And so we worked our way slowly west through the Rockies. From Bow River to Canmore, from Banff to Jasper, we made our way to British Columbia.

On June 3, our 42nd wedding anniversary, and after a great deal of discussion and contemplation, we embarked on a last minute destination that promised adventure, incredible scenery, danger, mosquitoes, dirt and mud like we had never encountered before.

Yes, ladies and gentlemen…

I am of course talking about the Dempster highway. A return trip from Dawson Creek meant an over 1,800 kilometres voyage on treacherous gravel highway.

We learned about the Dempster Highway from intrepid You-Tubers like THE MOTORHOME EXPERIMENT and LESS JUNK MORE JOURNEY.

To my pleasant surprise, not long before our journey, I learned of friends who were also planning a trip out west and were also planning to tackle this challenge.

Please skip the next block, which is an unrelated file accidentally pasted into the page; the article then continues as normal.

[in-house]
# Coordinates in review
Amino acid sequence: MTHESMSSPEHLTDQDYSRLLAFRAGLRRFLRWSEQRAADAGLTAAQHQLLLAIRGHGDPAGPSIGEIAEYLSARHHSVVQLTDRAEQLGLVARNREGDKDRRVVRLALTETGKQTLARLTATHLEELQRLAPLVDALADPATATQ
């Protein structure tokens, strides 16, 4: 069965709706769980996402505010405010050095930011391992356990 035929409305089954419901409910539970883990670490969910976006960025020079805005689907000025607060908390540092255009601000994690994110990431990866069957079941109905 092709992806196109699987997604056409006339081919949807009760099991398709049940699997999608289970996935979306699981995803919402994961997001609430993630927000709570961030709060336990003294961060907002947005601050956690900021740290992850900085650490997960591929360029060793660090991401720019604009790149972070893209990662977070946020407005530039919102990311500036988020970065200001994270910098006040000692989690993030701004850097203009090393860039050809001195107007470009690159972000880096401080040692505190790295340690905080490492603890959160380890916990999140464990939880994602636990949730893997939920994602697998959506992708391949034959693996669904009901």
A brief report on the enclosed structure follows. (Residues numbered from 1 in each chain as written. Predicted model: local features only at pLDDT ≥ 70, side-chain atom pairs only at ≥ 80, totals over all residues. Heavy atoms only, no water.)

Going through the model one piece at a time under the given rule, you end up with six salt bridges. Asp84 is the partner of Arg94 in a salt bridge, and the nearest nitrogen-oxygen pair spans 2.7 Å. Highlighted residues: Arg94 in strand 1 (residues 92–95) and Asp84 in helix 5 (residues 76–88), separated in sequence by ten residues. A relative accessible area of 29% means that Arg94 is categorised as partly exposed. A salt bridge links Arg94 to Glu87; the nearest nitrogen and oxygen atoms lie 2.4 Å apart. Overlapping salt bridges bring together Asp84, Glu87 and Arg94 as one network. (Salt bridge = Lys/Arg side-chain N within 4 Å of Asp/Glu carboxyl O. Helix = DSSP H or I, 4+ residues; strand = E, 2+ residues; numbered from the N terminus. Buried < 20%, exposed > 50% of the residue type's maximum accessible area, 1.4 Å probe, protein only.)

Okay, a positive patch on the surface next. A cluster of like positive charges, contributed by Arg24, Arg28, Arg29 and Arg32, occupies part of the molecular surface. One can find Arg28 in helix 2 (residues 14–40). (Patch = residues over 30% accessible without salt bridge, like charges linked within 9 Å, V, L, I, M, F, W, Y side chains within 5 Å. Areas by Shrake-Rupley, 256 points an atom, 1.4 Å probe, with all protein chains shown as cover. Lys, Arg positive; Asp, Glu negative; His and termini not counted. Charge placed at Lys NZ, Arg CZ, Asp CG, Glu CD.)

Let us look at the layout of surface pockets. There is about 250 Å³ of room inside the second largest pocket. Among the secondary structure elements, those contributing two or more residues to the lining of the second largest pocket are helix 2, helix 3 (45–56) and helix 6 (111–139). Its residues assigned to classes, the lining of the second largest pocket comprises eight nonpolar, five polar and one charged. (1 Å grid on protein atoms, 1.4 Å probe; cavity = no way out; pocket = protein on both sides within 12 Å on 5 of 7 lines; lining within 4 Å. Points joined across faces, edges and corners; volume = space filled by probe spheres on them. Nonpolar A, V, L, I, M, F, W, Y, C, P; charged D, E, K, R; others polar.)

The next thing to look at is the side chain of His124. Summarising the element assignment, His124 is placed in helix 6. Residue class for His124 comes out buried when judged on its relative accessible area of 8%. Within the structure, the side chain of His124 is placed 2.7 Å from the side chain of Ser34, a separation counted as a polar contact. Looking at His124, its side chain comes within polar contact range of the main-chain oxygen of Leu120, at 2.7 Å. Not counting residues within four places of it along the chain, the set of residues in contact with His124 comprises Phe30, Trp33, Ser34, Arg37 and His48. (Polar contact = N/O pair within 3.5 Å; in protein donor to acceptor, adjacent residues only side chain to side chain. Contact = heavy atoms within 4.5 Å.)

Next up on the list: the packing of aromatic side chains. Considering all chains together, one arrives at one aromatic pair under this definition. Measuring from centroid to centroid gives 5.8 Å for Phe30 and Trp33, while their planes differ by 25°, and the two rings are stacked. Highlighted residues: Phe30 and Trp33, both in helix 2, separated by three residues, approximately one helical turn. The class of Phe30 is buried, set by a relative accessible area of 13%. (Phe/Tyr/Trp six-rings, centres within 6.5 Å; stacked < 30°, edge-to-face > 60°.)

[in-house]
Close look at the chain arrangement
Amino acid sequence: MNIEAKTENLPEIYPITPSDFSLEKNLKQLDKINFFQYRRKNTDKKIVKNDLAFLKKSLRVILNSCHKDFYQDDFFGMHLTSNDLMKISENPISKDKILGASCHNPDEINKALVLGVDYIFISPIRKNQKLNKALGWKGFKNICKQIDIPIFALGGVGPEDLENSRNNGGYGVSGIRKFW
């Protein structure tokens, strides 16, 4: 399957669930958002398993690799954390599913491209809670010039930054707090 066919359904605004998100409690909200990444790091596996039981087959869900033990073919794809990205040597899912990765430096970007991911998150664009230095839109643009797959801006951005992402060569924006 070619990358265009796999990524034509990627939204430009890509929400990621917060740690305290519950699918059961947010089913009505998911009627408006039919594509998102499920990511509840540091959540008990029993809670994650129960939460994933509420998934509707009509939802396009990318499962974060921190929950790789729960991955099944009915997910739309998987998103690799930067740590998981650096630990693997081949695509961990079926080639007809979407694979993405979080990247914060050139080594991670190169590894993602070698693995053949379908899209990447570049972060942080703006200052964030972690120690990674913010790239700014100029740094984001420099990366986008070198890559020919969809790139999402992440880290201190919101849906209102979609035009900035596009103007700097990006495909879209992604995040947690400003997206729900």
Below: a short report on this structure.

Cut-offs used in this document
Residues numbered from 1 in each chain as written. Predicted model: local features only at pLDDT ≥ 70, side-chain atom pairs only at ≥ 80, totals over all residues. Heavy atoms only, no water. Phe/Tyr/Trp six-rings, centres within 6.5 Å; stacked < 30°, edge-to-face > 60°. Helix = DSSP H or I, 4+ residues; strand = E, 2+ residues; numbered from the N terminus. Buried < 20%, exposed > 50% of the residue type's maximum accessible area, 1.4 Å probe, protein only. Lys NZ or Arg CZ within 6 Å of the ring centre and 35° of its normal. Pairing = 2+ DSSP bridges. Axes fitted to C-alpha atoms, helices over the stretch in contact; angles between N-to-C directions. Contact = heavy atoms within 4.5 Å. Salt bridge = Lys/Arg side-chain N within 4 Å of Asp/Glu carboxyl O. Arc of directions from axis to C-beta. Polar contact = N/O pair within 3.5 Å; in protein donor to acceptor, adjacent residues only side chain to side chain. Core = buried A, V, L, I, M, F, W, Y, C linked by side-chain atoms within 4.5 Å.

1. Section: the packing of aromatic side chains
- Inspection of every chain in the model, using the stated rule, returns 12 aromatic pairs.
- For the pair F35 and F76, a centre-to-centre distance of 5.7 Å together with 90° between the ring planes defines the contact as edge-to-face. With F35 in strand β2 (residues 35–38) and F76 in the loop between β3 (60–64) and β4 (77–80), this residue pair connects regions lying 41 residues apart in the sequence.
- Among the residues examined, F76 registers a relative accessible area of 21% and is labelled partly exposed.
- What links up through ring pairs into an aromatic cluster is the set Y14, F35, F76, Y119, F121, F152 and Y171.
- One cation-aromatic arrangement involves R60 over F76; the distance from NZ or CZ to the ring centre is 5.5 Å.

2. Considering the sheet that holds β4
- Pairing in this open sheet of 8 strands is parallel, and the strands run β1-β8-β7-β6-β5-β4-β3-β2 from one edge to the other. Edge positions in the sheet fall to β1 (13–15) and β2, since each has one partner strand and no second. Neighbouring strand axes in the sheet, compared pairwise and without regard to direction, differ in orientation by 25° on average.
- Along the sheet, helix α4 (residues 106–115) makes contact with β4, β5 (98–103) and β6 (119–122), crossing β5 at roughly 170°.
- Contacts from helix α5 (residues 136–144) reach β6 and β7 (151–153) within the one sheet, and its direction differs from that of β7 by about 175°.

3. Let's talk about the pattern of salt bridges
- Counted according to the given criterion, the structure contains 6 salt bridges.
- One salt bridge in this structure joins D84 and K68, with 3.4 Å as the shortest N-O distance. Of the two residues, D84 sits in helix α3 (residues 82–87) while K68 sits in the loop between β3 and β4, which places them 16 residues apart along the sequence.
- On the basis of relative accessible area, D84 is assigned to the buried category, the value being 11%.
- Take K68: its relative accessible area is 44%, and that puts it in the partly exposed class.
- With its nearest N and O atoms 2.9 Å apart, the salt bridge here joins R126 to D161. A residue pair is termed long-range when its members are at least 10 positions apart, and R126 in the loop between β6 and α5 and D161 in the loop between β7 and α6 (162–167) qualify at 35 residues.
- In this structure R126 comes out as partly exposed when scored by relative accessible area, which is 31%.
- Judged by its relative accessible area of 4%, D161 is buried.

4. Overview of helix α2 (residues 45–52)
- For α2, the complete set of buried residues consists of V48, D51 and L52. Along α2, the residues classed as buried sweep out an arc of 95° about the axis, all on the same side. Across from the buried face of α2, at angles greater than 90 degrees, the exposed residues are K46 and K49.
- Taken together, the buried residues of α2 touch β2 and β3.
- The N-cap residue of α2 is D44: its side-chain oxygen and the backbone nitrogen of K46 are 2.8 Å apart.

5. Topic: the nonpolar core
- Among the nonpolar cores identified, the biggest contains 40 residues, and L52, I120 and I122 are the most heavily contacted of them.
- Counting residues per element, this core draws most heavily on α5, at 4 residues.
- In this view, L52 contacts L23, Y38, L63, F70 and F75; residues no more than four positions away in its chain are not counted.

I was tickled by both their bravery and their news.


You see, according to WIKIVOYAGE …

The Dempster Highway (known as Yukon Highway 5 and Northwest Territories Highway 8 in those territories respectively) is a highway through the sub-Arctic wilderness of northern Yukon Territory and extreme northwestern Northwest Territories (NWT) in Canada. The highway runs 671 km (417 mi) from the Klondike Highway near Dawson City to the Aboriginal settlement of Inuvik. A 137-km (85-mi), all-season extension to Tuktoyaktuk opened in November 2017, although the extension does not seem to be considered part of the Dempster Highway, instead being referred to as the Inuvik-Tuktoyaktuk Highway.

Frank and I had toyed with the idea of driving the Dempster highway while planning the trip, but knowing the havoc it would wreak on the camper, we passed it over as a potential destination.

It was only while we were in Watson Lake that Frank met a woman travelling to Dempster in her van who encouraged him to take up the challenge.

I will forever be grateful to her for this.

You see… to me, the myriad of colourful land and water formations that we encountered during our eight day adventure to Tuktoyaktuk and back was nothing less than life altering.